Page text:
Loyola Magazine

Managing director for GreyComm Studios guides mentee in finding her passion and charting her career in communications

April Hartman, ’23, leans on the lessons she learned from H. Jay Dunmore early in her career
Jay Dunmore and April Hartman working with a studio light
April Hartman, ’23, blossomed in the interactive environment of the GreyComm television studio, with the support of H. Jay Dunmore, affiliate professor of communication and the managing director for GreyComm. Photo Credit: Scott Loraditch

As a Loyola student, April Hartman, ’23, wore many hats: Editor in chief of the Greyhound student newspaper. Co-president of the Public Relations Student Society of America. Evergreen student leader. Director of Campus Outreach for the Student Government Association. Member of the club softball team.

But the role that gave the Pennsville, New Jersey, native the confidence and desire to get involved at Loyola was serving as vice president of production for GreyComm Studios, the University’s student-run TV station.

“GreyComm was the first thing I really felt like was mine, the first community that I could really call home,” she says.

Much of that feeling comes from her relationship with H. Jay Dunmore, affiliate professor of communication and the managing director for GreyComm, whom Hartman describes as a mentor. When she first met Dunmore, she recalls, he quickly noted her interest in journalism and the skills she had picked up helping her father with his videography business. He invited her to come by the studio.

Dunmore, who was hired at Loyola in 2007 for the role of studio manager, describes GreyComm as three things: a television studio, a production facility, and an unconventional classroom.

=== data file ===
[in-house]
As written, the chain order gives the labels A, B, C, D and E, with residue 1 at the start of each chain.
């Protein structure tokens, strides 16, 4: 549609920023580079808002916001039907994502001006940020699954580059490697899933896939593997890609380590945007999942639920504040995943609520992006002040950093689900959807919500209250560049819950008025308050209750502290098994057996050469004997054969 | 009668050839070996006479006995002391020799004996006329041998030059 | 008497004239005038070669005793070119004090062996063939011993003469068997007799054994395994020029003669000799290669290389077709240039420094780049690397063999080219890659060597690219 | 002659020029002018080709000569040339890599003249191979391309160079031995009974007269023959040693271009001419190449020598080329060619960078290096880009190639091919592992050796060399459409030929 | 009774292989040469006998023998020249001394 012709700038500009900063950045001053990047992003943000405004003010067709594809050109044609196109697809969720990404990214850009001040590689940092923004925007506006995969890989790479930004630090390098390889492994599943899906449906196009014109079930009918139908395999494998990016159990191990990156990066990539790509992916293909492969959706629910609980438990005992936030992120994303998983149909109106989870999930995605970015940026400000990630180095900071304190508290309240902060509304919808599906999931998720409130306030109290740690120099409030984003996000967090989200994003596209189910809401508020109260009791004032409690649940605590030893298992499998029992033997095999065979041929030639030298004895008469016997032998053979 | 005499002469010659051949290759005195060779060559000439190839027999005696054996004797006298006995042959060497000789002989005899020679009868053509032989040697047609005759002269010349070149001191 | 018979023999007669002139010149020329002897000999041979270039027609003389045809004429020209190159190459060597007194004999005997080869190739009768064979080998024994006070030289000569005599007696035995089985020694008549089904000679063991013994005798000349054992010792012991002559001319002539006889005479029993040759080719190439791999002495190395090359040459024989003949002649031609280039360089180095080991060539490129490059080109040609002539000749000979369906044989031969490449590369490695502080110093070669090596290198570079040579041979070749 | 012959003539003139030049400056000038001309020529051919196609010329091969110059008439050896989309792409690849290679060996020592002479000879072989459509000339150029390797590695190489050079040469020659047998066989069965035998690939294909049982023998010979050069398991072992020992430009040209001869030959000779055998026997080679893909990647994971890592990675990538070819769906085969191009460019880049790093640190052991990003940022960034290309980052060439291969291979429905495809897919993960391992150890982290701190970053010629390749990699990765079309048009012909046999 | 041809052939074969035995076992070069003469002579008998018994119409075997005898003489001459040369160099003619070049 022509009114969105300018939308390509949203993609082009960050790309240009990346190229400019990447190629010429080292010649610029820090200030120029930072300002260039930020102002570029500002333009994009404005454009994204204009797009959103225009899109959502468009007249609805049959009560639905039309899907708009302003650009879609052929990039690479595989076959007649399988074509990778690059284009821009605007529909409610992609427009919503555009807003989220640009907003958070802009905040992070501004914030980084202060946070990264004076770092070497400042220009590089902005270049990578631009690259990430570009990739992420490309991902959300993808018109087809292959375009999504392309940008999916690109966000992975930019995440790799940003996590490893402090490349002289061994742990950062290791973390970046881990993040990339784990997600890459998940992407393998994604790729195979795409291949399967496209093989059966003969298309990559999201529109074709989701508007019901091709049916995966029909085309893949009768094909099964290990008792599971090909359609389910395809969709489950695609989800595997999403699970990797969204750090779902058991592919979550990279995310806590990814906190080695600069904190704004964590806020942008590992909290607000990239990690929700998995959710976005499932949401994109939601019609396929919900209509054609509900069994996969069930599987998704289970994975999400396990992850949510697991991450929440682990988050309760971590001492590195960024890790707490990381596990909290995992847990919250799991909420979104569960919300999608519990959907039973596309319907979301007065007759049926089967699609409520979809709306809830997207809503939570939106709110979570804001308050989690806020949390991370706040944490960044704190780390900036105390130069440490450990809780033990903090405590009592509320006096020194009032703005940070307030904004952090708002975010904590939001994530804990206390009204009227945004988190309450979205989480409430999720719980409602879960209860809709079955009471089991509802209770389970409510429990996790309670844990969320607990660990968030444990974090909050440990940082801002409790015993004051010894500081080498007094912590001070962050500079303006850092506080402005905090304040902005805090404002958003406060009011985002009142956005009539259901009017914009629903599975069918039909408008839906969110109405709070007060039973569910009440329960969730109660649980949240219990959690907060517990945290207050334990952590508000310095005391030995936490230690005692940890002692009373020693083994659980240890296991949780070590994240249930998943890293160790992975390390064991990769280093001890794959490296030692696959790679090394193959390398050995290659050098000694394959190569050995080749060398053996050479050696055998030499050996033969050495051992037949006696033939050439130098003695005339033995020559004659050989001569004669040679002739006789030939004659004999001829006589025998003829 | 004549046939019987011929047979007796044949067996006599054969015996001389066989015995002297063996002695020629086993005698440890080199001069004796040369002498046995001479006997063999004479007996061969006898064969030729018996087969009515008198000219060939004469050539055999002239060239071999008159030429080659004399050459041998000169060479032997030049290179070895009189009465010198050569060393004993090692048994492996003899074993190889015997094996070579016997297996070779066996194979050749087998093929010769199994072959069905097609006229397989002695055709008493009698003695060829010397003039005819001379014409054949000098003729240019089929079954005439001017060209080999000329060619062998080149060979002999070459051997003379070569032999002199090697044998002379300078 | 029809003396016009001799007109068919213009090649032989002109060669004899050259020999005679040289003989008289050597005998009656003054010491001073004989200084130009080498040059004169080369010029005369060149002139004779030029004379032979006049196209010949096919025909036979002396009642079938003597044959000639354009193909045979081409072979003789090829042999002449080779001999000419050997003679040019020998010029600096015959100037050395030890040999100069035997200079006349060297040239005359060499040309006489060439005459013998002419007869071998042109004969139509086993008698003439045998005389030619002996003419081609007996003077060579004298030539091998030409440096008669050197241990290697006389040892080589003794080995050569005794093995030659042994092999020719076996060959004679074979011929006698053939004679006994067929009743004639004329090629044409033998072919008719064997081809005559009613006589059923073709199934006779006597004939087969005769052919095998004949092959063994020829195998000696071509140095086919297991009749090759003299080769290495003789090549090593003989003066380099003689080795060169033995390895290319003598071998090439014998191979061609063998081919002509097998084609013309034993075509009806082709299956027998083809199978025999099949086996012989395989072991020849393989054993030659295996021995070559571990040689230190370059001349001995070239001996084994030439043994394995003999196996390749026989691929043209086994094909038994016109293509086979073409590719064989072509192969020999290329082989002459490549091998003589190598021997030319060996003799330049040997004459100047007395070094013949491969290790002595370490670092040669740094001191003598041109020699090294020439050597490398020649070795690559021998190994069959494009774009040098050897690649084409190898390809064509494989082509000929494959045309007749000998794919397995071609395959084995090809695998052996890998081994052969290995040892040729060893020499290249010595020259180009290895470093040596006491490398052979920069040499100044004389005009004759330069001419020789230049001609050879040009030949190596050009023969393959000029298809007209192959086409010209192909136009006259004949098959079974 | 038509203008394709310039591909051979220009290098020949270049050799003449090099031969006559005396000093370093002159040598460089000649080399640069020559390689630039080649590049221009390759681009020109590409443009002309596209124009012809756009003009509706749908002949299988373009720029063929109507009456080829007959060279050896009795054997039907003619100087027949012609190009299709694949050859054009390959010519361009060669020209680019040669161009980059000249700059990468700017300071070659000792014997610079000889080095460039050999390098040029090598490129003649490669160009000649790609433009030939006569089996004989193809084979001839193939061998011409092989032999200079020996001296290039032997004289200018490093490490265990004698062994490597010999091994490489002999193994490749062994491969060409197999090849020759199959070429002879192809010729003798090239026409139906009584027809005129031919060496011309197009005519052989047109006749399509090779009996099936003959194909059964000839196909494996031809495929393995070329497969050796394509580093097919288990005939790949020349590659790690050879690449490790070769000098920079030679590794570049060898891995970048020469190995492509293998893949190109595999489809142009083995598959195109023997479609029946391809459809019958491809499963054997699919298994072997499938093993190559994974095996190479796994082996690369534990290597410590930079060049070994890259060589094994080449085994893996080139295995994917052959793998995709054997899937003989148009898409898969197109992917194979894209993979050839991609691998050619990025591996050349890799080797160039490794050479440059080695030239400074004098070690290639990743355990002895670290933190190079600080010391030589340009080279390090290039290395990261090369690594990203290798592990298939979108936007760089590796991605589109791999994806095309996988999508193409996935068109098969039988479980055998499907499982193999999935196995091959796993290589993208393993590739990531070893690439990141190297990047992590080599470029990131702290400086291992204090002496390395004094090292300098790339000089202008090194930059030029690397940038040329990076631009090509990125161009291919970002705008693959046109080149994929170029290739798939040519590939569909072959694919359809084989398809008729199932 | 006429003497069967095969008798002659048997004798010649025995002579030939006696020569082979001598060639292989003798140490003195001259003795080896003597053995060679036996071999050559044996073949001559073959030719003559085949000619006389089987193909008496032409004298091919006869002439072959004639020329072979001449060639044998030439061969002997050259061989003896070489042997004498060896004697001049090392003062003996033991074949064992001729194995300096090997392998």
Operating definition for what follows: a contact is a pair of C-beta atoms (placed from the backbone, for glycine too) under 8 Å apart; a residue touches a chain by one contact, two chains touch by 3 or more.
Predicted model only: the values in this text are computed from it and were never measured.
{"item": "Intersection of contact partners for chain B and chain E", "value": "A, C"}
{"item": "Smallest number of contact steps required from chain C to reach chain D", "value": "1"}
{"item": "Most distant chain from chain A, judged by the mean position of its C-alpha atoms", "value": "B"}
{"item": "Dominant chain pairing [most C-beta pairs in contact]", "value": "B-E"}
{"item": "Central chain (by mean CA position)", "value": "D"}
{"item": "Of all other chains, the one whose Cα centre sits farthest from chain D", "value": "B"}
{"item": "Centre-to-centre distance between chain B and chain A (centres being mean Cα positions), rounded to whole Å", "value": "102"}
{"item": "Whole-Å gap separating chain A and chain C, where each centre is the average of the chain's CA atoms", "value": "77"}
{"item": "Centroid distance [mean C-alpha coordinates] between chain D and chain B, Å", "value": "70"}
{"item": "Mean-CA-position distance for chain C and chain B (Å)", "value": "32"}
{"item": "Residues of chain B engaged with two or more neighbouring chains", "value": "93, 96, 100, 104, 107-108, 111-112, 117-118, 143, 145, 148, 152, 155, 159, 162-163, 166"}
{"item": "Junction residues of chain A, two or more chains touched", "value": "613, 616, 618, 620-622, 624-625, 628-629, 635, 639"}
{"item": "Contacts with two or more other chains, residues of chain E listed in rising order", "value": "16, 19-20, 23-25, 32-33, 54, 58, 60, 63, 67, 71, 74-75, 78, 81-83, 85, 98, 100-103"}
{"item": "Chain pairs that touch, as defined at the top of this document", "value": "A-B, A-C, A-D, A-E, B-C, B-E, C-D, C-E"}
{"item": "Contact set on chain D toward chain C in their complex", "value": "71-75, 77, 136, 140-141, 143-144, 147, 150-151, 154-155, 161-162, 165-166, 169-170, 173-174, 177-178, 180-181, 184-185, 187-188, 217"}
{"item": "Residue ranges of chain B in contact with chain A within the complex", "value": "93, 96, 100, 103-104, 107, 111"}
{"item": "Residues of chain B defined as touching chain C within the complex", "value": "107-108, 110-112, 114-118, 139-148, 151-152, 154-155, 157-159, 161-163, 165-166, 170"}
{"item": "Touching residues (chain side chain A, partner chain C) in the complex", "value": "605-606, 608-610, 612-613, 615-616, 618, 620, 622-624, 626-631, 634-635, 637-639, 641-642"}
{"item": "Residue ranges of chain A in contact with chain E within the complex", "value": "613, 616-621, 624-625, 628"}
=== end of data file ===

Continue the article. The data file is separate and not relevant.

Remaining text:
“I see it as a place where students can decide what it is they love to do,” he explains. “After connecting with April and seeing the skills she already had, we began to tailor the experience and discover even more gifts.”

Hartman describes herself as a quiet person, but one who’s full of ideas. “Jay could really see that,” she says. “As a first-year student, I was able to use the equipment and contribute ideas for shows. We were encouraged to be hands-on right away.”

Dunmore’s encouragement, she adds, gave her the confidence to get more involved on campus. He even wrote her letter of recommendation to become an Evergreen student leader.

“Writing that recommendation was really an exciting moment—because with Evergreens, you’re talking to and engaging with so many people,” Dunmore points out. “That was the moment I recognized she was seeking out the magis, seeing what ‘the more’ is for her.”

Helping students discover their full potential is one of Dunmore’s favorite things about his job—and he feels a deep responsibility to be someone students can come to for guidance.

“I hope every student has at least one person on campus who can help them have those big conversations and help them connect the dots,” he says. “I always say, I believe you can do it if you believe you can do it. If you do, anything is possible—so let’s step into it. Let’s see how much we can accomplish in these four years.”

The best mentorship connections don’t stop at graduation, Dunmore adds. “I can answer these questions on the professional side, but also on the practical side—I’m a father of six—or things related to spirituality. To the best of my ability, I help them discover and deploy their talents to wherever their paths take them.”

For Hartman—who majored in communication with specializations in advertising/public relations and digital media, along with a minor in writing—that path led to a role as an editorial production assistant for the National Board of Medical Examiners.

She finds herself leaning on the lessons she learned from Dunmore regularly.

“Jay would plan lessons around what his students wanted to learn,” she says. “He never said, ‘Oh, I don’t think that’ll work.’ He said, ‘OK, how can we make this happen?’”

In Dunmore’s view, Hartman is “destined for greatness.”

“Seeing her step into all these different opportunities and excelling... that kind of a passion is a recipe for great success.”